It's MH370

KUALA LUMPUR: A team of international investigators have confirmed that the debris found on La Reunion Island on July 29 was from the missing Malaysia Airlines flight MH370, Prime Minister Datuk Seri Najib Razak announced early this morning.

“Today, 515 days since the plane disappeared, it is with a very heavy heart that I must tell you that an international team of experts have conclusively confirmed that part of debris found on Reunion Island is indeed from MH370,’” he said at a press conference in Putra World Trade Centre.


Najib added: “It is my hope that this confirmation, however tragic and painful, will at least bring certainty to the families and loved ones of those on board.”


Earlier, the prime minister said the days, weeks and months that followed after the plane went missing on March 8 2014 have been a period of torment and anguish for the families of those on board.


Najib also gave his assurance to those affected by the tragedy that the Malaysian government is committed to do everything within its means to find out the truth behind what happened to MH370.


“Malaysia will always honour and remember those on board MH370,” he added.

"Our family has accepted the fact that she has left us," Family of chief stewardess Goh Sock Lay

On March 8 last year, the ill-fated Boeing 777, carrying 239 passengers and crew, was en route from Kuala Lumpur to Beijing before vanishing without a trace.


Ground control lost contact with the aircraft just before it entered Vietnamese airspace at 1.20am, forty minutes after it took off from Kuala Lumpur International Airport.


Following the disappearance, a multi-nation search and rescue effort, involving land, sea, and air assets, was launched.


A day after the disappearance, the Royal Malaysian Air Force announced that the aircraft made a turn back and flew across peninsular Malaysia before turning towards the Andaman Sea.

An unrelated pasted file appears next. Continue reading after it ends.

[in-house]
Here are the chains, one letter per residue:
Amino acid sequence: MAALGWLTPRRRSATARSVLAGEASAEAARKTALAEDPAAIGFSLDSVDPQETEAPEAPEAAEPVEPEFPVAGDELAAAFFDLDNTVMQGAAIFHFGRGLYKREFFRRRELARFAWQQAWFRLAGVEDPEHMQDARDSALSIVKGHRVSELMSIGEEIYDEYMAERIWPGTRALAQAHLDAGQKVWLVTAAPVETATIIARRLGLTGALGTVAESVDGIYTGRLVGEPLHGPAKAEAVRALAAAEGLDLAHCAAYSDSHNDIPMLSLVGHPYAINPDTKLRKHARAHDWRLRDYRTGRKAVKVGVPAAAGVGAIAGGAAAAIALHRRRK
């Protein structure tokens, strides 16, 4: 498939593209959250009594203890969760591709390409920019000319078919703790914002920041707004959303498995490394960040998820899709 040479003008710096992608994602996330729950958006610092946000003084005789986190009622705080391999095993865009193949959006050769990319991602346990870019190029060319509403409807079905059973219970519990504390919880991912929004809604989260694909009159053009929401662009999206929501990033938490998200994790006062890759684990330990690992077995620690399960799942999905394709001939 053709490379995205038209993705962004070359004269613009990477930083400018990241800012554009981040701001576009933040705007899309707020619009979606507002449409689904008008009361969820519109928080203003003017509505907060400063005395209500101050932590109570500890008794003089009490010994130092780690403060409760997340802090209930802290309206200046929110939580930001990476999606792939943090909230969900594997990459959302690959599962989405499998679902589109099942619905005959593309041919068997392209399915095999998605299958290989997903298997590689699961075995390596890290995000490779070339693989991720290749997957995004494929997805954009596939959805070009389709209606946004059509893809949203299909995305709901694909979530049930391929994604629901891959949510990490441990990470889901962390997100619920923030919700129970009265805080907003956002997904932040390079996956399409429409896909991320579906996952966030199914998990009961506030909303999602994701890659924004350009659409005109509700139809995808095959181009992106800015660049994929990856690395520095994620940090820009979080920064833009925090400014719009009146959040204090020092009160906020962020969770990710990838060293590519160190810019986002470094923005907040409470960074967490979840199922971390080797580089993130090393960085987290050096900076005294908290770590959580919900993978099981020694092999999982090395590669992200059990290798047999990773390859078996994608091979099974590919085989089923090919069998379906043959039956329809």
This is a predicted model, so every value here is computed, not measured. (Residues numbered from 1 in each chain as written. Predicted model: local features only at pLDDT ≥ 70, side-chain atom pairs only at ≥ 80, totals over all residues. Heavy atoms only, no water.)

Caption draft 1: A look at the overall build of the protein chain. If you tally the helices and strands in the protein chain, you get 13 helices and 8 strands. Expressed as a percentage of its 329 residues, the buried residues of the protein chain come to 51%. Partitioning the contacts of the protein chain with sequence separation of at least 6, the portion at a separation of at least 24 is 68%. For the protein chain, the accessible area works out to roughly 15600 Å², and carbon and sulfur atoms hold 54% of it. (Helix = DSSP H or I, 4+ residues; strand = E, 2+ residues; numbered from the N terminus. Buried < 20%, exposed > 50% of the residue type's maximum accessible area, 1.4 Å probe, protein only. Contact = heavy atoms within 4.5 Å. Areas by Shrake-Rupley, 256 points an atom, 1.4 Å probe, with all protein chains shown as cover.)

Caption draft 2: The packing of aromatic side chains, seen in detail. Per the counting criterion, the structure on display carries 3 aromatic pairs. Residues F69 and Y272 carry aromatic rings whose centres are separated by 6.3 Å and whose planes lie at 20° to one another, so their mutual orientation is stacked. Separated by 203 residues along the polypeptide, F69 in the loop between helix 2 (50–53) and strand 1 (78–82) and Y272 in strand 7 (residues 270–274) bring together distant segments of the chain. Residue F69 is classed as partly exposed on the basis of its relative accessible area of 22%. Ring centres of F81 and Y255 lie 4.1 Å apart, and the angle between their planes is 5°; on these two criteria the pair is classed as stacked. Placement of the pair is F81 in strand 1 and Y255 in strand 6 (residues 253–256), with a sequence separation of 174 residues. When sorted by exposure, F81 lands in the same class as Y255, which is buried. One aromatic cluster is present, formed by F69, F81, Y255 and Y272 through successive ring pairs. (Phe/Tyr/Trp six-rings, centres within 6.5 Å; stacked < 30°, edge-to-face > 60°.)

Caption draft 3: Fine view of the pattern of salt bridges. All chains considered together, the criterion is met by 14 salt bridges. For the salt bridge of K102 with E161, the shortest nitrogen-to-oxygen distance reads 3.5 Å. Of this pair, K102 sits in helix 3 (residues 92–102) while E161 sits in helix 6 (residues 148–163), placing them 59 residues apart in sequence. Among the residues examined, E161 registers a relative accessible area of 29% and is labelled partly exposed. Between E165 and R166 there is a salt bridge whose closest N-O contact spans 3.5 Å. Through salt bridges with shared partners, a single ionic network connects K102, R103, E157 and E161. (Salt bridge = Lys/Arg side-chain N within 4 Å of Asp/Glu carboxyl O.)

On March 14 last year, satellite company Inmarsat acknowledged that it recorded transmissions with MH370 for several hours after it disappeared from radar.

"I thought I was strong and ready, but I was not able to contain my emotions on hearing the announcement by the prime minister,”


Kelvin Shim, 39, the husband of Malaysia Airlines Flight MH370 stewardess, Tan Ser Kuin.

The following day, the analysis of its final communication with MH370 revealed that the plane could have ventured into one of two arcs; a “northern corridor” stretching from northern Thailand to Kazakhstan and a “southern corridor” from


Indonesia into the southern Indian Ocean. Investigators ruled out the possibility of the plane flying through the northern corridor three days later.


On March 24, prime minister Najib announced that MH370 ended in the southern Indian Ocean.


Led by Australia, nations including Malaysia, the United States, the United Kingdom, China, South Korea, Japan and New Zealand began their long search for the missing plane in the remote regions of the southern Indian Ocean.


The first aerial sweep of the search area, covering approximately 600,000 square kilometres, was conducted. The size of the search area was later revised to approximately 305,000 square kilometres.

A DIVISION OF THE NEW STRAITS TIMES PRESS Interactive Bazuki Muhammad Words NST Team Pictures Rosdan Wahid, Yahya Zainuddin, AFP, EPA Videos NST Video